Is The Profession Of Sales At An Inflection Point?

4
43 views

Share on LinkedIn

“An Inflection Point is a point on a curve at which the sign of the curvature changes.”

“Think of it [and inflection point] as a turning point….This profound change could be positive or negative.”

In sales, particularly B2B sales, I think we are at an inflection point. In the past 100 years, I believe there have only been two other inflection points in sales. But this one is different than the other two. For those that recognize it and embrace it, the opportunity can be extraordinary. For some, missing it will mean failure.

Let’s step back a moment. I believe there have only been two other inflection points in sales in the past 100 years. The first, probably was driven by the works of Dale Carnegie who started formalizing the role of the sales professional, developing methods, principles, and approaches which, when consistently implemented drove the effectiveness of people who sold.

The second, was driven by the works of Neil Rackham and Mack Hanan in the late 60?s and early 70?s. Their works shifted the focus of B2B sales people to be more customer focused, value oriented, and consultative in their approaches. They introduced stronger processes, methodologies, and disciplines associated with this customer focused and consultative approach. They were the real drivers in putting the customer at the center of sales. A great number of other thought leaders, like Robert Miller and Stephen Heiman, helped accelerate sales adoption of this change through their works. Since then, there has been a huge amount of good work. A lot of great research in the academic world, many important books that have had a great impact on me and millions of other professionals. But all this work has been primarily derivative of Neil’s and Mack’s works or extensions of it.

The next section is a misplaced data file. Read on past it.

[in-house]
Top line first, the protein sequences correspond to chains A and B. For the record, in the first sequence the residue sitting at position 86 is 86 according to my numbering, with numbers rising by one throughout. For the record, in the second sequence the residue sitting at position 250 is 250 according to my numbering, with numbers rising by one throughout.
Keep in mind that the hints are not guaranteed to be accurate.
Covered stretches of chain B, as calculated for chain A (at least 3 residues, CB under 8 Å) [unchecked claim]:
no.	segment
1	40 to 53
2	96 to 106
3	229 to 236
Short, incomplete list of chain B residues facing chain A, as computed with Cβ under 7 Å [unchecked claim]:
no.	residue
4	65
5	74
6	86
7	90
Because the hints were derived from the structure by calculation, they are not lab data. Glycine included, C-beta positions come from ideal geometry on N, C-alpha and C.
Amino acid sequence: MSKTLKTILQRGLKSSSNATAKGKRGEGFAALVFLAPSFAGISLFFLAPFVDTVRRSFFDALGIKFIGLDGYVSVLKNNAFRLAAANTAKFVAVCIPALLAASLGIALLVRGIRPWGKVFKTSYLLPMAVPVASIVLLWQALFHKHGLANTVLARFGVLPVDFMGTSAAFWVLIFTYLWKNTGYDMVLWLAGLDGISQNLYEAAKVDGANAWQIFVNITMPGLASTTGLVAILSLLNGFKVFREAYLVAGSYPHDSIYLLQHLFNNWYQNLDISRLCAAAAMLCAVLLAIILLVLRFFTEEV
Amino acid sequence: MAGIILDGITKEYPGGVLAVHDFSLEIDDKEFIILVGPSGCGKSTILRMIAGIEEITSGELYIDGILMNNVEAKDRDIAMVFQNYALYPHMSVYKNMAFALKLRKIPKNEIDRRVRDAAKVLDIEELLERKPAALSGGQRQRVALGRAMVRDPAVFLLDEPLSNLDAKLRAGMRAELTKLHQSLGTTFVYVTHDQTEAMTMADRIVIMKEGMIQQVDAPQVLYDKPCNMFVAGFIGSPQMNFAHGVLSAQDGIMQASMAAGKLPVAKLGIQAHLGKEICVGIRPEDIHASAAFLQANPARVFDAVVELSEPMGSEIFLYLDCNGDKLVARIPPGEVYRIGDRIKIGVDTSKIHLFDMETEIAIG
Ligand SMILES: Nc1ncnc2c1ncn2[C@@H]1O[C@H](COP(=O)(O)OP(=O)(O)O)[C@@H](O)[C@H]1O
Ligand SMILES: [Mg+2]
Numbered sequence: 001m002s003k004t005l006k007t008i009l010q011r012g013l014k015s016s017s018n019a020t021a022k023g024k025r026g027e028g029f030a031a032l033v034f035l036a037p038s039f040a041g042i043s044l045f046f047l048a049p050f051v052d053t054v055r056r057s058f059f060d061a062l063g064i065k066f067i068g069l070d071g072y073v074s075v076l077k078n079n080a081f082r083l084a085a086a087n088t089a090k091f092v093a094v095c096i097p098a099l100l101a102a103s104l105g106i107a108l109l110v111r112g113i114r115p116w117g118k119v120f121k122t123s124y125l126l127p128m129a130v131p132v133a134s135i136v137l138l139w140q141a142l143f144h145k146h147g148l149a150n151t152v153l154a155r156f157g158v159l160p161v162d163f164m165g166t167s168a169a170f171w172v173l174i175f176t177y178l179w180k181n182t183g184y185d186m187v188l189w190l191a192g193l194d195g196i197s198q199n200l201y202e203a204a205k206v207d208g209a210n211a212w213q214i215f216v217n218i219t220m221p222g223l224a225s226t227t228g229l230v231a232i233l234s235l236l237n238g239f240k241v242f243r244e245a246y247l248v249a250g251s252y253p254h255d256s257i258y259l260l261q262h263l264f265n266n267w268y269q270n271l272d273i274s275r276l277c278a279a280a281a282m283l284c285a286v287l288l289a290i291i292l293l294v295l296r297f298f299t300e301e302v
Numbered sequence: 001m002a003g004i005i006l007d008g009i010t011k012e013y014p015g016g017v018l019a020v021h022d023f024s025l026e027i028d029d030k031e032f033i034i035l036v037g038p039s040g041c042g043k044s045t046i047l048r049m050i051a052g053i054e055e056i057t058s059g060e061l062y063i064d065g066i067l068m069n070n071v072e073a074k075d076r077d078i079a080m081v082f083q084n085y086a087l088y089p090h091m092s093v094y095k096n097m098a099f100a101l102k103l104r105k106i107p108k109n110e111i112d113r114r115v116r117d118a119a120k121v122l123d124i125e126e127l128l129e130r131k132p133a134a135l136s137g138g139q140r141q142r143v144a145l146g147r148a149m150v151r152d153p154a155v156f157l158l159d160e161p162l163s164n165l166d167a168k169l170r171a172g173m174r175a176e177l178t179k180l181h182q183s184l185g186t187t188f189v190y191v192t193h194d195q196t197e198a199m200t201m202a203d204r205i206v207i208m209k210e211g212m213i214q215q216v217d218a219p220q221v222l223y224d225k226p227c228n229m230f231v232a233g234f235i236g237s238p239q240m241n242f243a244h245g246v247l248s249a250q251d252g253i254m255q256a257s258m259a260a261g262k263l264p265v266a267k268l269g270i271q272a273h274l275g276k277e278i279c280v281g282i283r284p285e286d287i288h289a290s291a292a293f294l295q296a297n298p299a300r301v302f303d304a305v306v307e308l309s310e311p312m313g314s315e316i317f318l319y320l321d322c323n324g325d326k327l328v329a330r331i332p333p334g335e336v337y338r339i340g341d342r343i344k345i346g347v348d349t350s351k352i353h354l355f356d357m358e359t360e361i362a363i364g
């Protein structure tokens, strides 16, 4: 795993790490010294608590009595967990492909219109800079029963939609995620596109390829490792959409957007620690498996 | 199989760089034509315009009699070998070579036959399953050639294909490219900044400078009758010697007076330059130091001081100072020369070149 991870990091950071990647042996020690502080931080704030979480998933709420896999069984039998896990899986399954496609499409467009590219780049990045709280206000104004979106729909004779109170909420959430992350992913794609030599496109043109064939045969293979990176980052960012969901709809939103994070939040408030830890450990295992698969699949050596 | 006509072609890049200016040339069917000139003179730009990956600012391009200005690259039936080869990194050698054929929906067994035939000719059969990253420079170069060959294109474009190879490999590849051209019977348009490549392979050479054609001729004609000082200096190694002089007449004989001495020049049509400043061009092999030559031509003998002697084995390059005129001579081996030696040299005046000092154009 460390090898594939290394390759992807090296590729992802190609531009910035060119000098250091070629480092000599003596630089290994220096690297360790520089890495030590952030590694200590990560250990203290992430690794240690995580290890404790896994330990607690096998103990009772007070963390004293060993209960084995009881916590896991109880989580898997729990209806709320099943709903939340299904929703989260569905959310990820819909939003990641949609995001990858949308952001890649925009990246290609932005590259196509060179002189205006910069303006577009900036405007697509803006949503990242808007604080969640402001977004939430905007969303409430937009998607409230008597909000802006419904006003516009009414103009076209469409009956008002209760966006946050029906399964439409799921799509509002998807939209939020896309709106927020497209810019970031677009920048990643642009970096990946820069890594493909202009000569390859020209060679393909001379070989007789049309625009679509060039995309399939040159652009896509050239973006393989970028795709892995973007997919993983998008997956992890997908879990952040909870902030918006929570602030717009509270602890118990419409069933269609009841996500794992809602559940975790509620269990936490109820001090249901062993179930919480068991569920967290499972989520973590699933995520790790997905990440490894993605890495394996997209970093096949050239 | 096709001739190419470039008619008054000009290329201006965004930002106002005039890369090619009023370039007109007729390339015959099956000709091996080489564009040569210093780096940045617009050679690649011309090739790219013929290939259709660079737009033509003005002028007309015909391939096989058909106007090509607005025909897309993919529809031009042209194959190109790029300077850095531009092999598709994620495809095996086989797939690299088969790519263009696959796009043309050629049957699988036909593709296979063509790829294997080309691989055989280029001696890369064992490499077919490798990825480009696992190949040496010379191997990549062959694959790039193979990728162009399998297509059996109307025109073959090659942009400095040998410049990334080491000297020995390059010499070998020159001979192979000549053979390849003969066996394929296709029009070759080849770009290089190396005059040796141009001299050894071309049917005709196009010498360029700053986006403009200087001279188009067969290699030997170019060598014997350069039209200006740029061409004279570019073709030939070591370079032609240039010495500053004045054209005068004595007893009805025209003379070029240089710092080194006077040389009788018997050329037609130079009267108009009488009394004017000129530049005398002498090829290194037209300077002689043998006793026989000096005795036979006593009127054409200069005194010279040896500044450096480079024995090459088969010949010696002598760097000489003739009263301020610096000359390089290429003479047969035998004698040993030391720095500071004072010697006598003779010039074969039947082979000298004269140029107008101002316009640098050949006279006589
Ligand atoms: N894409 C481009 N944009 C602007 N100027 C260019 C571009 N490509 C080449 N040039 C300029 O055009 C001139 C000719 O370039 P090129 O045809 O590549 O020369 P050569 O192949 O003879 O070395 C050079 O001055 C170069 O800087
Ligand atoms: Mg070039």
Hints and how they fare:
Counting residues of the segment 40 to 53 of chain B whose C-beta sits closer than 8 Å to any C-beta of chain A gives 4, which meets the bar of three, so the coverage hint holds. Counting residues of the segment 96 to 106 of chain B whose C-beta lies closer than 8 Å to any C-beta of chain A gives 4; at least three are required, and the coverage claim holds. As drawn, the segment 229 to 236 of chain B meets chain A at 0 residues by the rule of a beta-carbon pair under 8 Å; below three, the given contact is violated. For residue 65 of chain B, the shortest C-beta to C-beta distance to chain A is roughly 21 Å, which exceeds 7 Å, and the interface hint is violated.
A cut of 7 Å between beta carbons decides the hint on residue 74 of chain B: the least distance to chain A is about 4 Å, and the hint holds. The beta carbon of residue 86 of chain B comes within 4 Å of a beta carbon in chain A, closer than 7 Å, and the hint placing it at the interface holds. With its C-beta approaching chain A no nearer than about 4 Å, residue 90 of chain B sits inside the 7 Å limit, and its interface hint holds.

These two inflection points have something in common, they were driven from within the profession. They were fundamentally changes initiated by insightful sales professionals and executives, and have been sustained within the profession.

We are at a new inflection point, something which presents great opportunity. But this inflection point is different from the previous two. This is the first inflection point that is not being driven by sales, but rather by customers! Kind of scary isn’t it? The most profound change to our profession is being driven from outside our profession. The rules are changing and we aren’t making them (as if we ever really did).

We’re still trying to understand what this means, we’re struggling to discover new processes, methods, disciplines, skills, roles, and responsibilities. We have many opinions about what they are, many of those are converging.

Since this inflection point is different, we have the opportunity to address it differently. Where in the past, the changes were driven within the profession, perhaps this is the opportunity for us to change the way we drive the changes. Perhaps this is the opportunity not to do it by ourselves, but to embrace the customer in helping us to define the new methods, processes, skills needed to take advantage of this inflection point.

I’m interested in your views on this. I’ll be writing much more on this. One of the things I believe is happening simultaneously, is that marketing is at an inflection point. Couple these together and opportunities abound.

One thing is certain, there could not be a more exciting time to be in sales!

This coming Monday, April 4, at 2:00 PM EDT, Dave Stein, Charlie Green, and I will be starting a conversation about this at a Focus.com Roundtable: Professional Sales, Are We At An Inflection Point? Join us, it should be a great discussion.